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Saving lives using cold supply chain solutions

: Monday, April 28 - 2014 @ 12:50
Sami Hammoudeh, director of Aramex’s biocare division, discusses the growth of clinical specimen transportation in the Mena region

The market for global healthcare services is growing exponentially. Spending on healthcare is now forecast to exceed $3 trillion by 2015, with countries such as China and India becoming increasingly influential markets. This impressive global growth is being mirrored across the Mena region. The GCC region’s healthcare market alone is now projected to reach $44 billion by 2015. The UAE is a primary driver of this growth, having also taken specific steps to drive the development of its healthcare sector through the creation of the world’s first healthcare freezone, the Dubai Healthcare City.

Rising populations, increasingly urban and affluent middle class, medical advances and an enhanced appetite for consumer spending on healthcare are all driving growth in the Mena healthcare sector.  However, part of this growth has been the result of the outsourcing of diagnostic testing and patient treatment, enabling clinical specimens or medical samples to be sent to different countries for testing and receive more remote treatment.

Such treatments are possible due to frequently overlooked cold supply chain solutions. Cold supply chain is the process by which clinical specimens, such as blood and tissue samples, fluids and medications, are moved safely at controlled temperatures to and from laboratories, hospitals, clinics and pharmaceutical companies, providing patients with rapid and accurate diagnoses and medications direct from specialist centres across different countries.

Given the region’s arid climate and the distance between urban centres and clinics, these end-to-end, temperature-controlled delivery services are critical to maintaining the quality and integrity of medications and samples, and a number of hospitals and laboratories across the region are now increasingly demanding these services. The National Guard Health Affairs Hospital in Saudi Arabia, for example, requires temperature-controlled, next-day delivery of samples and specimens, both nationally and throughout the GCC region. These services have also become a vital element in fighting cancer and are used for transporting clinical specimens from Libya to the King Hussein Cancer Centre in Jordan for diagnoses. In each case, cold supply chain solutions are helping to provide patients with the treatments they need from across the region. This trend for outsourcing diagnostic testing and remote patient treatment will continue to grow, fuelled by the high cost of local diagnostics and technologies and the availability of skilled medical staff, creating an increased demand for these solutions.

However, despite these positive trends and the substantial recent growth in the industry, there are two key challenges that continue to impact the further development of the Mena healthcare industry.

The first challenge is the increasingly urgent need to streamline customs clearance rules and regulations at national borders for clinical specimens and medical samples. Customs laws are not uniform across the region, meaning that moving medical supplies across borders can be difficult. Ensuring uniform custom clearance rules across the region would significantly aid the rapid movement of these temperature- and time-sensitive test results, medicines and samples across national boundaries. This is both critical to treating patients effectively and saving lives.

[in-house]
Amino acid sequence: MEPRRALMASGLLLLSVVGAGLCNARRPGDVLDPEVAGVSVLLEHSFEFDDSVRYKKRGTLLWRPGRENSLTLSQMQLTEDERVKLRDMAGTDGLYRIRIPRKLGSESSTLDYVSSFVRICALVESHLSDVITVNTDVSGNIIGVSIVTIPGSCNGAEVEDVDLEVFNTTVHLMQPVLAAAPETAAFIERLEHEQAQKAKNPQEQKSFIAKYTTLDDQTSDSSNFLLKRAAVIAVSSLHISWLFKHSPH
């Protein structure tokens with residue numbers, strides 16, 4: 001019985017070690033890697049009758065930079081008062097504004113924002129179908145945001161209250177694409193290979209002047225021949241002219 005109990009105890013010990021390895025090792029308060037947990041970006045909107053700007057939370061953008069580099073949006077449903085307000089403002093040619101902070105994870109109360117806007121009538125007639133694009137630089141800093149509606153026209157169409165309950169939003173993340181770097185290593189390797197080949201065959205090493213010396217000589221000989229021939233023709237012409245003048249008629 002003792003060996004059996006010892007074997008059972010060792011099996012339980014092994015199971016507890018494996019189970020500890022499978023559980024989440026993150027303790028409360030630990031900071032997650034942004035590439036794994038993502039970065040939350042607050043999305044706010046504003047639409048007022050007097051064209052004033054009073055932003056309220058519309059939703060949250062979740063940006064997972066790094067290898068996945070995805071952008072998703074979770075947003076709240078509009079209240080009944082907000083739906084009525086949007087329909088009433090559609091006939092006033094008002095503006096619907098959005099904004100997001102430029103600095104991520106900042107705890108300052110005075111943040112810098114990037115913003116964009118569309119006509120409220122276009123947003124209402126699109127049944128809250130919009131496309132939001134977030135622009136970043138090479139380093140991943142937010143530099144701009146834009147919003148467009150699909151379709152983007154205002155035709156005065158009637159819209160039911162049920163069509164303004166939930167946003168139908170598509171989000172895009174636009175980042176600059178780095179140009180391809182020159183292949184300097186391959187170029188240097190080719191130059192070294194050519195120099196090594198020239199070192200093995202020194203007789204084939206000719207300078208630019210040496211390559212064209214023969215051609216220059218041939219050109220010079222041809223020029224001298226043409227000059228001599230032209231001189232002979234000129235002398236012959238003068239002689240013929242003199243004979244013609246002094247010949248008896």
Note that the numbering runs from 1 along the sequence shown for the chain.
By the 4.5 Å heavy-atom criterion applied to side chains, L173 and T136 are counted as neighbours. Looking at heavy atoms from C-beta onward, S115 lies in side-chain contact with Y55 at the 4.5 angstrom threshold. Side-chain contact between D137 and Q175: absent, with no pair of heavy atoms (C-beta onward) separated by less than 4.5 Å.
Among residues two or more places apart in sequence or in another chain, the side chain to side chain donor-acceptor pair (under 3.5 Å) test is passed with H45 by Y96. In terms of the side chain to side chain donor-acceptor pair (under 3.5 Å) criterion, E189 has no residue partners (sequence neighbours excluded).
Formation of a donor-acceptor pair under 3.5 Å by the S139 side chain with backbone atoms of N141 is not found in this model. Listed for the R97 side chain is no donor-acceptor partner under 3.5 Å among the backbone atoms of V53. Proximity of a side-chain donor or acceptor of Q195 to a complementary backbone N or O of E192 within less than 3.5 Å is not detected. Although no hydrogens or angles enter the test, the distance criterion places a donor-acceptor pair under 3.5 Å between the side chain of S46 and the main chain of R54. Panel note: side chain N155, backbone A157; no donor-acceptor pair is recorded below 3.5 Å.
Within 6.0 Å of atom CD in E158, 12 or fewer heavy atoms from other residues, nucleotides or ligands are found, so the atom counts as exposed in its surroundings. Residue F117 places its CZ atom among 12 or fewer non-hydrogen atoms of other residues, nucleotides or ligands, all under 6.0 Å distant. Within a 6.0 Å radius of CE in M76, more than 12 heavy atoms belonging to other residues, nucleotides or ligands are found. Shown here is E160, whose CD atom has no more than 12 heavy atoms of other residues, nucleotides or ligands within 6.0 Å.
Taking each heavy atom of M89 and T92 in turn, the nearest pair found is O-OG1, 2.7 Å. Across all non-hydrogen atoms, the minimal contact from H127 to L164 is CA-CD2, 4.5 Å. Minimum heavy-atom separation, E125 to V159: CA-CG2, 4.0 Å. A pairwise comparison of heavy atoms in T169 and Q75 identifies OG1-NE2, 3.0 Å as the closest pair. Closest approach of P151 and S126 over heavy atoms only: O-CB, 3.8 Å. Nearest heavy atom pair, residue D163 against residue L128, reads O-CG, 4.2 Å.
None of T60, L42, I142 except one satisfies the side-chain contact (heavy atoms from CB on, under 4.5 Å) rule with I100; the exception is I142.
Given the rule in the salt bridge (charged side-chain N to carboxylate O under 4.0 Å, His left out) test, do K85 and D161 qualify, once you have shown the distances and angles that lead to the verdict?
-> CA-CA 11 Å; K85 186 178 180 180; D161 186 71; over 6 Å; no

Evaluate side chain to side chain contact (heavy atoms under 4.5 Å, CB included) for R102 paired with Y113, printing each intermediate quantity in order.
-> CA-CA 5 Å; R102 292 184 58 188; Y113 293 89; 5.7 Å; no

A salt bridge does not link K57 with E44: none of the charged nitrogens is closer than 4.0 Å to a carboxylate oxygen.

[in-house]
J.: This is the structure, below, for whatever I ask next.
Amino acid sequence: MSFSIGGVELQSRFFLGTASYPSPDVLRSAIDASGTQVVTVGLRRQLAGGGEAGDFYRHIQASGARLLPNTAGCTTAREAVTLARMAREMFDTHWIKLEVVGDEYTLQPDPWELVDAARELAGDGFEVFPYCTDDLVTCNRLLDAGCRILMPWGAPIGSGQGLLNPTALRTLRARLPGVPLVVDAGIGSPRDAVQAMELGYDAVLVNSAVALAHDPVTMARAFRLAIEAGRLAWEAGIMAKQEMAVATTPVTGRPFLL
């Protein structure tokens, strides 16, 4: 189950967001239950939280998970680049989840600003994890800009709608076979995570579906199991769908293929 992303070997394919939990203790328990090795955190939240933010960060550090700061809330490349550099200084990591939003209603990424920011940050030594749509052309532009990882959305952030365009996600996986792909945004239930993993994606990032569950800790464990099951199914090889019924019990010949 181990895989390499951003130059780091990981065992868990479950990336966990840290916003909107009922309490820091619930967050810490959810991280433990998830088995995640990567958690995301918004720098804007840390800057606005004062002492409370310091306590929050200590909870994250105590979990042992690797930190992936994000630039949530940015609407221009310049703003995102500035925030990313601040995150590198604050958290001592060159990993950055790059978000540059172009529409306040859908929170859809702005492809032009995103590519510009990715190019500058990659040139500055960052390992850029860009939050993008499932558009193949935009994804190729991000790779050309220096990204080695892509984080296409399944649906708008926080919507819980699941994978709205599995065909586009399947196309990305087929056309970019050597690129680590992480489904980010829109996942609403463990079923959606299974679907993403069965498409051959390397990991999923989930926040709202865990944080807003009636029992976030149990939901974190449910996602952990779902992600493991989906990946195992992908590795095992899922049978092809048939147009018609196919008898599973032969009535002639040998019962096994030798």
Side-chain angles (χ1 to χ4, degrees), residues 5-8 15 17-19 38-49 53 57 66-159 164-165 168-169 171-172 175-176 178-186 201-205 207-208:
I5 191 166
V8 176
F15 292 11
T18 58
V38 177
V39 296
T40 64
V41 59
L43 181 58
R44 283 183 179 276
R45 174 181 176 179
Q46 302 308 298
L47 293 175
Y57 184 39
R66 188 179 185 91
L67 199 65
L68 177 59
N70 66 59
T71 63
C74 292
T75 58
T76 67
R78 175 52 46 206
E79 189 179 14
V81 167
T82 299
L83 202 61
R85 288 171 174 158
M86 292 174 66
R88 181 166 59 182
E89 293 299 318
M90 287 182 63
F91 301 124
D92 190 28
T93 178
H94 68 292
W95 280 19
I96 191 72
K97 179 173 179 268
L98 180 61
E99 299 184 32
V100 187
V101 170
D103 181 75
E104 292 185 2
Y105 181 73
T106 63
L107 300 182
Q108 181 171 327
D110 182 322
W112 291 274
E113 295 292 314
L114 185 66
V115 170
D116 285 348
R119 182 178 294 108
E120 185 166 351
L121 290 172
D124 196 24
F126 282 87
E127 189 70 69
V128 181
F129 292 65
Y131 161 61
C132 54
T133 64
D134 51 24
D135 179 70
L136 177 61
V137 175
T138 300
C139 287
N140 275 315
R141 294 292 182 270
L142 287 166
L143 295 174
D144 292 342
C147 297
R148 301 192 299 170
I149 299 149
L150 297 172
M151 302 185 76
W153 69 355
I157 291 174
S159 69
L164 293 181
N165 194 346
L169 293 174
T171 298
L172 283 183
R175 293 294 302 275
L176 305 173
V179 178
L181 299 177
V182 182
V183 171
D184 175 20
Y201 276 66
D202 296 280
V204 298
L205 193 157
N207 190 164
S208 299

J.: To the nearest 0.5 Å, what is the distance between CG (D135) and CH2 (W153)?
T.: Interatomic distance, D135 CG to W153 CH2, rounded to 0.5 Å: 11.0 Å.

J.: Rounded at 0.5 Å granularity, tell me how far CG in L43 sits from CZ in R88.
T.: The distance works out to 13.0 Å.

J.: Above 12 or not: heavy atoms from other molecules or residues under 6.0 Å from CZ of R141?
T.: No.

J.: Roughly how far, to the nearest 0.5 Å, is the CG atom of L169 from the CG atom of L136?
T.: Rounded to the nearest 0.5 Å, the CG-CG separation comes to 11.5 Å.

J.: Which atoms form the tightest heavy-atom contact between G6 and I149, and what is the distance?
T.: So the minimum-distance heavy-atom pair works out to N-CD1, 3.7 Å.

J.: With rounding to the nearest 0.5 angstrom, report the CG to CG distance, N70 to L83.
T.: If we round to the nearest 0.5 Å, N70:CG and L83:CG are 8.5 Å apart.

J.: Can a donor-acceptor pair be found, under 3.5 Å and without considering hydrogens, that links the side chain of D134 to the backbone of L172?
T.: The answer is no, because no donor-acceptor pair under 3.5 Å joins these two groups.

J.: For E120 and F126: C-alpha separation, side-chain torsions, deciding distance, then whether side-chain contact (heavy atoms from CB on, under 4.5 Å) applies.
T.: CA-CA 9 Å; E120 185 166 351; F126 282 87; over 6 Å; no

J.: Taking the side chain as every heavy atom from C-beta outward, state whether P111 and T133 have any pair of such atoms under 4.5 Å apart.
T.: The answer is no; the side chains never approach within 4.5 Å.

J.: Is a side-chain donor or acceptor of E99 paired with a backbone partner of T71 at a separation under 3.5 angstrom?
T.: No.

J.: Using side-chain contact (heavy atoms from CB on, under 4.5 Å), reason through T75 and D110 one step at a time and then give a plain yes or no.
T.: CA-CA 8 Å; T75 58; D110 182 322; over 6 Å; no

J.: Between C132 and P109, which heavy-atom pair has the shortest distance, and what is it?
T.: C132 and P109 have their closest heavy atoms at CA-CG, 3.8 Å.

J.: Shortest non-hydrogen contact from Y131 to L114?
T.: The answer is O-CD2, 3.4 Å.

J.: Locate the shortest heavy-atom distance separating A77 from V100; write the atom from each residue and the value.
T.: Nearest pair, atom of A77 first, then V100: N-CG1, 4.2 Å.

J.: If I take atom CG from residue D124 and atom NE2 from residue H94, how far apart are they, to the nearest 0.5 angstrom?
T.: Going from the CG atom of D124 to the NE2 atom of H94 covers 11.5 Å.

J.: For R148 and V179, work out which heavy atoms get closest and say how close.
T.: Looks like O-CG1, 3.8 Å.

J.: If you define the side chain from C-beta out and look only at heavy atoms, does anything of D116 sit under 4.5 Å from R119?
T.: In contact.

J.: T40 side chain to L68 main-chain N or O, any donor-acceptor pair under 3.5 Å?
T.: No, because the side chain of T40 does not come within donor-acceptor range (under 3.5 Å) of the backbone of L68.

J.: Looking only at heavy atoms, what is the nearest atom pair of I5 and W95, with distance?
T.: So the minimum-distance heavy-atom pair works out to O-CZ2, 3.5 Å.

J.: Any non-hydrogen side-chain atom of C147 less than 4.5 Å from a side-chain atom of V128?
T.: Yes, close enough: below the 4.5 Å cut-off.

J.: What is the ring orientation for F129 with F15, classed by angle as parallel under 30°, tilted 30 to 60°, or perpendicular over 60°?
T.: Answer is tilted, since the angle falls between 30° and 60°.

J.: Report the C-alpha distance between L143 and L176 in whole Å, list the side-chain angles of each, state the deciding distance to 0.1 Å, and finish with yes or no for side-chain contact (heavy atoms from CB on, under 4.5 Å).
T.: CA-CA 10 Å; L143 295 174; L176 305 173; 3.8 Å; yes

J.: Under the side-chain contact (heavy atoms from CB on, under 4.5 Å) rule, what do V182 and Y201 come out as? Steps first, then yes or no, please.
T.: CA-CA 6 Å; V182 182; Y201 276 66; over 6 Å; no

The second challenge is the current need for approved, streamlined regulations for packing and shipping clinical specimens and medical samples from one place to another. The lack of centralised and approved guidelines for local clinics and other healthcare providers across the Mena region means that samples are often damaged due to incorrect packing and handling, which, in turn, affects the accuracy of diagnosis or medications, often leading to extra costs for additional trials. With blood samples that have been packaged or delivered incorrectly, for example, haemolysis – the disintegration of red blood cells – can result not only in additional costs for retaking and reshipping and a lack of trust in healthcare providers, but, more importantly, potentially fatal delays for patients needing diagnoses.

Driving regulatory reforms around these customs clearance processes and packaging and shipping guidelines, in particular, will be crucial for the growth of the Mena healthcare sector. The responsibility for initiating and implementing such reforms must be jointly shared by governments and private healthcare institutions, ensuring the challenges in shipping and receiving clinical specimens and medical samples are addressed effectively.

With 15 mega hospital projects currently under way across the GCC region, cold supply chain services will become increasingly important in the success of the region’s ambitious healthcare agenda, playing a vital role in transporting and shipping valuable medical supplies. Successfully addressing these transportation challenges in the sector will not only support patients and save lives, it will also support the sustainable development of the industry. Cold supply chain may be frequently overlooked, but its importance should not be underestimated.

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Monday, April 28- 2014 @ 12:50 UAE local time (GMT+4) Replication or redistribution in whole or in part is expressly prohibited without the prior written consent of Mediaquest FZ LLC.

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